Last year, Cone Mills Corp. was the largest supplier, accounting for 29 percent of the fabric for U.S. operations and 17 percent of non-U.S. operations. Burlington Industries supplied 14 percent of U.S. operations and Dominion Textiles supplied 8 percent for non-U.S. operations.
While business in Europe and some other international regions is booming, Levi’s business in the U.S. was stagnant last year and Levi’s expects it will remain sluggish in 1995.
U.S. sales in 1994 were flat at $3.7 billion in 1994 as a 5 percent gain in selling prices offset a 5 percent decline in unit sales. U.S. earnings, though, were up 22 percent as a result of lower production costs, reflecting reversals of workers’ health and safety cost accruals.
U.S. unit sales of the core 501 family of jeans declined 5 percent from 1994 after falling 21 percent in 1993. The decline reflects strength in other jeans products, such as lower-margin Orange Tab and other Red Tab products, and the impact of higher unit selling prices for some 501 products.
In addition to the impact of private-label competition and growing price-consciousness, the decline in the 501 brand also reflects “counter diversion tactics” to prevent the selling of U.S-bought jeans at much higher prices outside the U.S. Operating margins in the U.S. were 14.9 percent of sales in 1994 versus 26.5 percent in Europe and 19 percent in other non-U.S. areas.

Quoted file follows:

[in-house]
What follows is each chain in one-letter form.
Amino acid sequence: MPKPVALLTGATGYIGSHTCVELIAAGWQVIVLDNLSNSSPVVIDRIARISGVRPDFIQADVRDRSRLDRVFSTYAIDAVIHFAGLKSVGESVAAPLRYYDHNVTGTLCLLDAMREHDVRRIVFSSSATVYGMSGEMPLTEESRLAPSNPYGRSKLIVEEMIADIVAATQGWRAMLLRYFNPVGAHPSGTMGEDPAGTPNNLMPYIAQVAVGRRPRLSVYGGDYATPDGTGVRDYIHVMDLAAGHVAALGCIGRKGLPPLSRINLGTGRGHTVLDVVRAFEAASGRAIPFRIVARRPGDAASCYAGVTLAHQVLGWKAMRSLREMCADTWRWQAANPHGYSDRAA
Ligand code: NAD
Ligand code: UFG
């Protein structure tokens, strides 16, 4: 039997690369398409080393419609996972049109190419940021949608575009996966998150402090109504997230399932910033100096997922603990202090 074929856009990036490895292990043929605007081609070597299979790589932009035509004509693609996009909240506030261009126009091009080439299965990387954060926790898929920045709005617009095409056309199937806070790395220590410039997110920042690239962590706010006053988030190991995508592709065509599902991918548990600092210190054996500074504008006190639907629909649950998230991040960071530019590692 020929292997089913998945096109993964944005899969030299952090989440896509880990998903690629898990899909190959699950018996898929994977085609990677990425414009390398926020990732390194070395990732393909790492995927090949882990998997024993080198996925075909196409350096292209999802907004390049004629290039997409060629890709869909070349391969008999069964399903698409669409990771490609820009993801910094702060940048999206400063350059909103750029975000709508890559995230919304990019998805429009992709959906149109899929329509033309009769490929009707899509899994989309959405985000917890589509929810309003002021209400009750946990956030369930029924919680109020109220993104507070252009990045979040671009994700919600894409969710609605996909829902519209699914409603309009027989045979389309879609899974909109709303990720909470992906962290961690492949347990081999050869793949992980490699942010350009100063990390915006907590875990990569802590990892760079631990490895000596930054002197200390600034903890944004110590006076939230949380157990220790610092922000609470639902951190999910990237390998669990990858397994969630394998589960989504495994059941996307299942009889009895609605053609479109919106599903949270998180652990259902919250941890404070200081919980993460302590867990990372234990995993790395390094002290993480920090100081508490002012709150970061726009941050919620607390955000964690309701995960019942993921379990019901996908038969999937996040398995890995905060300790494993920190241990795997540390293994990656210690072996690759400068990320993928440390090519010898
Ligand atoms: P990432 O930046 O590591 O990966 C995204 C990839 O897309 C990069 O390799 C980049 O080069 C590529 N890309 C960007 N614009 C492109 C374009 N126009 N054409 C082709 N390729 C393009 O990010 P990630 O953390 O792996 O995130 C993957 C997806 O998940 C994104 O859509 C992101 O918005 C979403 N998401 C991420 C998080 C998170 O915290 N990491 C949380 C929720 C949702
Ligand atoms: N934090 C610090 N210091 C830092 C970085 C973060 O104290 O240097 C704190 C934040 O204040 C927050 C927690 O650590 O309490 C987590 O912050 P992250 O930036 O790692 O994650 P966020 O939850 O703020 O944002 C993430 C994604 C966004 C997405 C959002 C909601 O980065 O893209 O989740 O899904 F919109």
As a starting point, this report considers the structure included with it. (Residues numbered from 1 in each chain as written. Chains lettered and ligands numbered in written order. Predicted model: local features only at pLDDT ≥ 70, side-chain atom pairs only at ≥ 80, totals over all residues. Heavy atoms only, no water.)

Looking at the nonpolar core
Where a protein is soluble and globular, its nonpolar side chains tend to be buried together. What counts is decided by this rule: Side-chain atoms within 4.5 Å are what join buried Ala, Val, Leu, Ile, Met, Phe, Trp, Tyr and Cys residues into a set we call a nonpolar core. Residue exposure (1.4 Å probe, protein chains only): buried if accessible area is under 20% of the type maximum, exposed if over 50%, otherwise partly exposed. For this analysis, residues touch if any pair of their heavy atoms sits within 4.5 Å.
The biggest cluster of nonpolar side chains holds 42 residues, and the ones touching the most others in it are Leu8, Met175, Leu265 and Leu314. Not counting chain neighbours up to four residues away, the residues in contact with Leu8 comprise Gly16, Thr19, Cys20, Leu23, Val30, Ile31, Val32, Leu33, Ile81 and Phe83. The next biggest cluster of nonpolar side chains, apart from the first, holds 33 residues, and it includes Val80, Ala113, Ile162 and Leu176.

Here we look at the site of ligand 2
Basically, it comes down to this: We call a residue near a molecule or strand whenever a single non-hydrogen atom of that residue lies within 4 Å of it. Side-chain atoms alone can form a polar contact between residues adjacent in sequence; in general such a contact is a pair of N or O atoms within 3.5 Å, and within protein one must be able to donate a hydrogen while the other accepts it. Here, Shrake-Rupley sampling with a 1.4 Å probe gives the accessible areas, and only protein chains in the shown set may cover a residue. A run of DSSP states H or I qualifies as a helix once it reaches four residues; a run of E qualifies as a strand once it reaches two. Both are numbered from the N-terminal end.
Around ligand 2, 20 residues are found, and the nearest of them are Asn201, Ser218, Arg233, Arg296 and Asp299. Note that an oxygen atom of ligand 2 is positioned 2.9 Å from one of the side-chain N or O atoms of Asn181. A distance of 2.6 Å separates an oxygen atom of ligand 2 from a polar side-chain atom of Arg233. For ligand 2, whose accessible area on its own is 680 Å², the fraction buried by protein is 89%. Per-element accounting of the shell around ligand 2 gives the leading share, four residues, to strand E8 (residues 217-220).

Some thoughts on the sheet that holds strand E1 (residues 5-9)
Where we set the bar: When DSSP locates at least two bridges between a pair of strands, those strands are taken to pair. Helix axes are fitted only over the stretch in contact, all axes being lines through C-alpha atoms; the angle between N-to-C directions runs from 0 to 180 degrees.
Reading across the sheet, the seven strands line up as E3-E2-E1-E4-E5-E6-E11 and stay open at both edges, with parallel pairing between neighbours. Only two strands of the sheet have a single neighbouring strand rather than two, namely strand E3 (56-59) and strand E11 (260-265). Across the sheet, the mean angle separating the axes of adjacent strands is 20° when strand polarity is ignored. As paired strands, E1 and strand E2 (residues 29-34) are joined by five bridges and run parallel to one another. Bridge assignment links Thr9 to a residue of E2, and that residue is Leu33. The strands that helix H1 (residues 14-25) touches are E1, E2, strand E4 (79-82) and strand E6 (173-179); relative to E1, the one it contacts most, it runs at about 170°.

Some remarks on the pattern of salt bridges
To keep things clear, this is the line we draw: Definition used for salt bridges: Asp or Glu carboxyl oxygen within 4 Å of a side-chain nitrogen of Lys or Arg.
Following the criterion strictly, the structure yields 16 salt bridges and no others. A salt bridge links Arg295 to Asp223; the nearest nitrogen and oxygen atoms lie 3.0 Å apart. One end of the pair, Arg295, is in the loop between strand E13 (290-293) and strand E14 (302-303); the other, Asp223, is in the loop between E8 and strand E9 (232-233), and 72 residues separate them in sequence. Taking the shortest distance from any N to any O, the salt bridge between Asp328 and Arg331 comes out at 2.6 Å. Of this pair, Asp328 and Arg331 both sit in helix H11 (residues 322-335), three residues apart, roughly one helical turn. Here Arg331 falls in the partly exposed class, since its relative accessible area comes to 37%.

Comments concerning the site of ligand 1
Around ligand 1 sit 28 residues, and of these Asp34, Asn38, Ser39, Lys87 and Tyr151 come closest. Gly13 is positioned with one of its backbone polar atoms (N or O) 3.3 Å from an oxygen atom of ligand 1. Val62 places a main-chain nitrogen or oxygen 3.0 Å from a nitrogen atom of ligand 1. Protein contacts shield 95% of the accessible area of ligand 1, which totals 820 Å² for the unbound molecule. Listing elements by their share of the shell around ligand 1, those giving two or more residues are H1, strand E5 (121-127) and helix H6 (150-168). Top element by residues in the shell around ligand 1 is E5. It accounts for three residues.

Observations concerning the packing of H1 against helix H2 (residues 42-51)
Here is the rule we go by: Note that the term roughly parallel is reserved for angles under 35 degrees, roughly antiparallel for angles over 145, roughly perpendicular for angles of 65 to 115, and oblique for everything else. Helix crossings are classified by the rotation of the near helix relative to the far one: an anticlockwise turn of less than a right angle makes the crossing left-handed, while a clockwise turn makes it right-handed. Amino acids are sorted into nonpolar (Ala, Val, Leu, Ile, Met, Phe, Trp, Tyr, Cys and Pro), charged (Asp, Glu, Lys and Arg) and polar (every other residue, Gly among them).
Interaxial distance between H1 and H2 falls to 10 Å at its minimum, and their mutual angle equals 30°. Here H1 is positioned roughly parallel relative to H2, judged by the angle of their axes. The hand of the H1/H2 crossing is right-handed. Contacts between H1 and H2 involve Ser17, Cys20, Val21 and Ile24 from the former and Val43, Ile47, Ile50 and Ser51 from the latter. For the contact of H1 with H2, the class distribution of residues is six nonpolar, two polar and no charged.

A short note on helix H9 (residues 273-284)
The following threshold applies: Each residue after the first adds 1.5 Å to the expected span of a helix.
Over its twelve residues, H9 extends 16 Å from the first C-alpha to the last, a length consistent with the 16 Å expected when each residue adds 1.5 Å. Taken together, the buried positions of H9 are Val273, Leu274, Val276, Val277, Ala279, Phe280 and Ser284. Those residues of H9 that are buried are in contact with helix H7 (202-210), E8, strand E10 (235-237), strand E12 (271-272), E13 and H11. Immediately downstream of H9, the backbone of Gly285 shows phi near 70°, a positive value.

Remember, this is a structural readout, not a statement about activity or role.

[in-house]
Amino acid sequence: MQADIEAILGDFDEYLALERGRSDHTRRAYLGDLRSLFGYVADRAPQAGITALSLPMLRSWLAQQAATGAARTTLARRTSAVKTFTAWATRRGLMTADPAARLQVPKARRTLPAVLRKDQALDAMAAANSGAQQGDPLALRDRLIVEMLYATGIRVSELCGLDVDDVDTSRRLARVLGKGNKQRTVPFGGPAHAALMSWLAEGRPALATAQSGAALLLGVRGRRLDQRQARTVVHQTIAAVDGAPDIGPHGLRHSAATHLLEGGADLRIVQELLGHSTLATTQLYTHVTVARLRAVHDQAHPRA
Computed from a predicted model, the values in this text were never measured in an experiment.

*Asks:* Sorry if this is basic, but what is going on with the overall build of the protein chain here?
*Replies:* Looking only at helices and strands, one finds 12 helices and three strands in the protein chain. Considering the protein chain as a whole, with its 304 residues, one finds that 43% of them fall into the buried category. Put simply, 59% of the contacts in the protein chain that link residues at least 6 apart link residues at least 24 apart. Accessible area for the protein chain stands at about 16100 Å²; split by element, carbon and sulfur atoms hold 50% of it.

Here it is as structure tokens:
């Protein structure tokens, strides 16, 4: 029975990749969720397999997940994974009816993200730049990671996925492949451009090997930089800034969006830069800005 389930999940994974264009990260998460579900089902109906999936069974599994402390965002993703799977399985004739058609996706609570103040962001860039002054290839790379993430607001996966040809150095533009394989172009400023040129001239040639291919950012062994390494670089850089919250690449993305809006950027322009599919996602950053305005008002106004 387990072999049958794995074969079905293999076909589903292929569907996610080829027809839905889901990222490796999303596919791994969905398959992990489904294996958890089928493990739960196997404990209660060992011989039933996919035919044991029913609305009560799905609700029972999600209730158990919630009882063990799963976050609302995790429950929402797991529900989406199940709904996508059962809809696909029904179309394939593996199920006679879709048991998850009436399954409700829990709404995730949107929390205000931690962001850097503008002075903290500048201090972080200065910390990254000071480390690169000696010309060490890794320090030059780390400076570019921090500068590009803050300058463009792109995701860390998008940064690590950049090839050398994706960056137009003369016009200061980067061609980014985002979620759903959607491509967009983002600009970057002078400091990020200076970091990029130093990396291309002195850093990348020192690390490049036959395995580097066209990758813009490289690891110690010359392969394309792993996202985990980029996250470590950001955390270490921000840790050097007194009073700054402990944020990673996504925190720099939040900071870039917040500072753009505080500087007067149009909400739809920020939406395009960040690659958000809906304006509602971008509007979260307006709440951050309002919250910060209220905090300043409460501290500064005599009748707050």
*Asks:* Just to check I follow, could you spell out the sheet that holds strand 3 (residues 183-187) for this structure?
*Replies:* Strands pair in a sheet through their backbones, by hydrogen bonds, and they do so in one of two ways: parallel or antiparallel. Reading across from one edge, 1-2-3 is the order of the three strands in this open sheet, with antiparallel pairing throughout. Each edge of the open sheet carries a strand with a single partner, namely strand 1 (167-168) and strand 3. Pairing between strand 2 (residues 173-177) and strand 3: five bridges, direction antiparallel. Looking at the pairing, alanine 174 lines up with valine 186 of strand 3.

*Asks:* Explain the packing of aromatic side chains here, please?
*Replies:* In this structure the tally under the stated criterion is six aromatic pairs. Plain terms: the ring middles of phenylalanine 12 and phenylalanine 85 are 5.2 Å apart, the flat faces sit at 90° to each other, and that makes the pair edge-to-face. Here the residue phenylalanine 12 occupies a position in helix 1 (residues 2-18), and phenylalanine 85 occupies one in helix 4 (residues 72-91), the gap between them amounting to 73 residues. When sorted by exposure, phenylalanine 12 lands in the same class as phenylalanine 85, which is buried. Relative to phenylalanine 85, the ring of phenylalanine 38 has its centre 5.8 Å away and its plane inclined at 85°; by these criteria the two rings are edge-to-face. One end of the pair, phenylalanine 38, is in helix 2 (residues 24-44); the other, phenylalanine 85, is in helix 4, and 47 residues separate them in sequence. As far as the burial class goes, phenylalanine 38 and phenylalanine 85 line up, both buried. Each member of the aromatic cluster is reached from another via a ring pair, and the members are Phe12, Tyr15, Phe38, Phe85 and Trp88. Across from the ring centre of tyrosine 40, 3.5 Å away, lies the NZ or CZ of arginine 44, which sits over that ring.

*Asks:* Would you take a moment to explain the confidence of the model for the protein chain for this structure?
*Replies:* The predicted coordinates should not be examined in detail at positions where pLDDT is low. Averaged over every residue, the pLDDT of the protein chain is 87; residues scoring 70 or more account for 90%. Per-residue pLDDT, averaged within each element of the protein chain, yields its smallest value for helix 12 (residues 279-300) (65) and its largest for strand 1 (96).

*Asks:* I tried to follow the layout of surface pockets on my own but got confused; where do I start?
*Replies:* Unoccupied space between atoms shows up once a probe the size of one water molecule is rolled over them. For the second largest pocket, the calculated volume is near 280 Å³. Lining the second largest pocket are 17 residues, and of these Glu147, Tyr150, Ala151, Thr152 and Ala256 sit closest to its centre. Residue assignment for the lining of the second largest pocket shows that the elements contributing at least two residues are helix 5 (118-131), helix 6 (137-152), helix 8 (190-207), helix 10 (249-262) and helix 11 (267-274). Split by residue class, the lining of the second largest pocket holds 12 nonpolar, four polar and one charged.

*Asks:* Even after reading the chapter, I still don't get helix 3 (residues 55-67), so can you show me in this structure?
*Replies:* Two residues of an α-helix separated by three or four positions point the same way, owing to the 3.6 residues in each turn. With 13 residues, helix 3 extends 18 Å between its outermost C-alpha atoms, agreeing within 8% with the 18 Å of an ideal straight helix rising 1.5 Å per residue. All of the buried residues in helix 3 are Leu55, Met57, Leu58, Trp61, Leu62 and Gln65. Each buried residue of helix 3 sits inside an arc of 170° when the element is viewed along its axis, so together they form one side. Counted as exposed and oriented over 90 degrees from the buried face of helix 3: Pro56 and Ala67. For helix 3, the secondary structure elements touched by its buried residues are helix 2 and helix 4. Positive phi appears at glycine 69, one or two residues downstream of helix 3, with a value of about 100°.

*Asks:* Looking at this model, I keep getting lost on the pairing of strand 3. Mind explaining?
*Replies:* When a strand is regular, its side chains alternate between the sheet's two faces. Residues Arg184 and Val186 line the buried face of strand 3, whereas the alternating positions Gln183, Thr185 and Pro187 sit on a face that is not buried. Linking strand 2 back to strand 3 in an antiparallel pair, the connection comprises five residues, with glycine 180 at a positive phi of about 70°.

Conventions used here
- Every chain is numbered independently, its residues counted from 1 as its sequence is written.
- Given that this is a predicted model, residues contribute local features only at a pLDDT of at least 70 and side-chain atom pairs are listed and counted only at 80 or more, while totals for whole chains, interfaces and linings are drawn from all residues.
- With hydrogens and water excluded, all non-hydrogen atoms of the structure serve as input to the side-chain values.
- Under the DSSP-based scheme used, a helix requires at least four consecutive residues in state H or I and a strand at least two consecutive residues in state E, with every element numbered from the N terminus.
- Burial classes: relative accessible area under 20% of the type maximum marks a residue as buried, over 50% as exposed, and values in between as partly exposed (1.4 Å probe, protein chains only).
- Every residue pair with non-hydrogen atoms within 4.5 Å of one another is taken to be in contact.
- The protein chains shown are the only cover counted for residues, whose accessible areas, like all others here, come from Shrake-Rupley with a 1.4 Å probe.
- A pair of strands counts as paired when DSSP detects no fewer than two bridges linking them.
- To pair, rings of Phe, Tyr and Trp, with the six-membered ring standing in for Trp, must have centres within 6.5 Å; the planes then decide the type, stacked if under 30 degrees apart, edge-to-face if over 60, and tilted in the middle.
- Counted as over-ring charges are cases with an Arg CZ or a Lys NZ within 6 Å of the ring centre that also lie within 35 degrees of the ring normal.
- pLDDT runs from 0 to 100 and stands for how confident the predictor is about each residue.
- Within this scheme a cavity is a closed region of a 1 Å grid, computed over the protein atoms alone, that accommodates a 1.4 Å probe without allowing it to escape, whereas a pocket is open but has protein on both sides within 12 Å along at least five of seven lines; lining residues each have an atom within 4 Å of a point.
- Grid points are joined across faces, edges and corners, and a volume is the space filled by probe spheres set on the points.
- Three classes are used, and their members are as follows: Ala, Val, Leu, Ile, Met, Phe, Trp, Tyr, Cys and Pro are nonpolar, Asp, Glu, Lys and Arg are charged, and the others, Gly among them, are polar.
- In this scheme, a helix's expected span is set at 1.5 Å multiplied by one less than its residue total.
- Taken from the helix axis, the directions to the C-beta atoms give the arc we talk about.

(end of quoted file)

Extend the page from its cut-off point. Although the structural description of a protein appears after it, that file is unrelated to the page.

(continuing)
The Levi’s spokeswoman pointed out that in Europe and many other regions Levi’s, is viewed as a premium brand while many people in the U.S. wear the jeans to work. The spokeswoman said the company sees the prices “coming a little closer together” here and abroad partly due to efforts to increase prices in the U.S. Margins in the United States last year improved from 12.5 percent in 1993. Higher selling prices on some Levi’s brands in the U.S. led to record dollar sales for its men’s, women’s and youth-oriented Levi’s brand product lines.